Completed project: Understanding antibiotic tolerance as a basis for the development of diagnostic tools
Some bacteria fall into a kind of deep sleep that protects them from antibiotics. New knowledge can help monitor this phenomenon in the clinic.
In the lungs of a patient with cystic fibrosis, germs can lead to chronic inflammation because they can fall into a sleep-like state to evade antibiotics.
Treatment failure without development of resistance
Antibiotic-resistant pathogens have changed genetically in such a way that they are no longer affected by some active substances. However, bacteria can defy treatment by alternative mechanisms: they can temporarily fall into a sleep-like state, in which active cell reproduction is halted despite of nutrients being available. Because antibiotics generally interfere with active growth and metabolism, the drugs are now missing their targets and bacteria can survive the treatment. Thus, despite of not being antibiotic-resistant, their sleep-induced tolerance allows them to persist in patients, leading to chronic infections that are difficult to treat.
While all cells of resistant bacterial populations are equally resilient to certain antibiotics, only a small fraction of tolerant bacteria shows sleep-mediated resilience. These so-called persisters are clinically highly problematic as they are generally tolerant against most available antibiotics. So far, no therapeutic interventions effective against antibiotic tolerance and persistence are available, because the respective mechanisms are not well understood. A research team led by Urs Jenal has now succeeded in identifying the underlying principles of tolerance by studying the human pathogen Pseudomonas aeruginosa and its role in chronic infections of patients suffering from cystic fibrosis (CF).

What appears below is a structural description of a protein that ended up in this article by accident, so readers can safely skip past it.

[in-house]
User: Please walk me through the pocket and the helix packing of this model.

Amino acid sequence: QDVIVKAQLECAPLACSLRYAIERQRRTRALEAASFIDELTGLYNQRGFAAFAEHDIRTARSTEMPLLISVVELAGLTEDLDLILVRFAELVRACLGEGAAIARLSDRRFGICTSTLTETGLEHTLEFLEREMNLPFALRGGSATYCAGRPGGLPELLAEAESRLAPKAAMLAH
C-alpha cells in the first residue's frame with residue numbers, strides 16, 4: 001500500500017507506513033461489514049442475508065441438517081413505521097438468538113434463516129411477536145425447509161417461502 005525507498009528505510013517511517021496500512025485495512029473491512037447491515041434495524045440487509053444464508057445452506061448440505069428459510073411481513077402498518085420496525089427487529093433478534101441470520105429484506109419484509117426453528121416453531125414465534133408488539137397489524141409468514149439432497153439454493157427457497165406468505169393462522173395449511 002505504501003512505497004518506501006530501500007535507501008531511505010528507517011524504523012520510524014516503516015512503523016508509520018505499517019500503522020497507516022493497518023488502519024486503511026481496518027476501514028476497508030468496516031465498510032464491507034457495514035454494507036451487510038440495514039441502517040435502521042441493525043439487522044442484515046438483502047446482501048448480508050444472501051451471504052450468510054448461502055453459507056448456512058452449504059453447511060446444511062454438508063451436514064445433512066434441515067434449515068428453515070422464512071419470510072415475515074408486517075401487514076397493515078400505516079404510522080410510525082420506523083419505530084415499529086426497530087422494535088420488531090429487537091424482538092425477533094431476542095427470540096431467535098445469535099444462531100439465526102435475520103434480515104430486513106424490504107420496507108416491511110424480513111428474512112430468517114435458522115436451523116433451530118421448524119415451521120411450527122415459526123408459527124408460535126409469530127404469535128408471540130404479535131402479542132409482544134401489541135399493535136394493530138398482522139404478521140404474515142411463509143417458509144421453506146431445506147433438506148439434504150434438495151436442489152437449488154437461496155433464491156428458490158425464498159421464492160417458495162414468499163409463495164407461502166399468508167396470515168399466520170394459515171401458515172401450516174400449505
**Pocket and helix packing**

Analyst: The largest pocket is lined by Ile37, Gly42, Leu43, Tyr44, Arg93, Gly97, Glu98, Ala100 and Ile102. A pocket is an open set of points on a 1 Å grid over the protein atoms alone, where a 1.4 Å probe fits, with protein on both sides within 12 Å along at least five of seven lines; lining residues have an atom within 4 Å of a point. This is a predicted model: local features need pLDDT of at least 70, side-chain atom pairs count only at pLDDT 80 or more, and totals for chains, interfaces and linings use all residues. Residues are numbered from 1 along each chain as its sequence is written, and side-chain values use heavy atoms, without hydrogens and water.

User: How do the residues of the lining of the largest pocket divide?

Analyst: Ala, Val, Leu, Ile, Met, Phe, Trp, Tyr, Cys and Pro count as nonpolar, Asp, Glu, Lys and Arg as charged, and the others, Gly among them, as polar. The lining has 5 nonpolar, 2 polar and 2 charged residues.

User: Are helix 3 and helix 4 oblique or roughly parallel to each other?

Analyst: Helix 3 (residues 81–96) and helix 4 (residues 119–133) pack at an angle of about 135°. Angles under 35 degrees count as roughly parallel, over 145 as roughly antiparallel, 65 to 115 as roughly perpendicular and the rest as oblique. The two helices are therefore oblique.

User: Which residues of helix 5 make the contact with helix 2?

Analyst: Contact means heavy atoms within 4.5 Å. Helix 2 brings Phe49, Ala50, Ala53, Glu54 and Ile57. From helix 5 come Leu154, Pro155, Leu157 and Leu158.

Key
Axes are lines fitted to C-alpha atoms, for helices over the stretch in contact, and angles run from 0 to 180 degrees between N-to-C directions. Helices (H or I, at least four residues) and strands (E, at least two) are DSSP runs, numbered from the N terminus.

Evolution of antibiotic tolerance observed step by step
The researchers first used laboratory strains of Pseudomonas aeruginosa to investigate how antibiotic tolerance develops when repeatedly exposed to antibiotics, a procedure that mimics situations in chronically infected patients. This revealed genetic, molecular and cellular characteristics of strains that gradually evolved strong tolerance during therapeutic interventions. Importantly, these experiments also made it possible to define precise models for how tolerance, persistence and resistance develop during drug treatment. These observations were then verified and refined by analysing isolates obtained from patients at University Hospital Basel.
Basis for clinical diagnostics
The study provides evidence that during treatment of chronic lung infections in CF patients, antibiotic tolerance evolves and spreads early on and that this may contribute to a chronic development of the disease. In addition, the researchers were able to show that antibiotic tolerance in Pseudomonas aeruginosa increases rapidly with repeated exposure to antibiotics and, in turn, promotes the development of resistance.
The information generated in this study about common properties of antibiotic-tolerant human pathogens provides the basis for the development of diagnostic tools and procedures to specifically trace tolerant Pseudomonas aeruginosa variants in the hospital. This, in turn, will make it possible to optimize treatment strategies for chronic infections.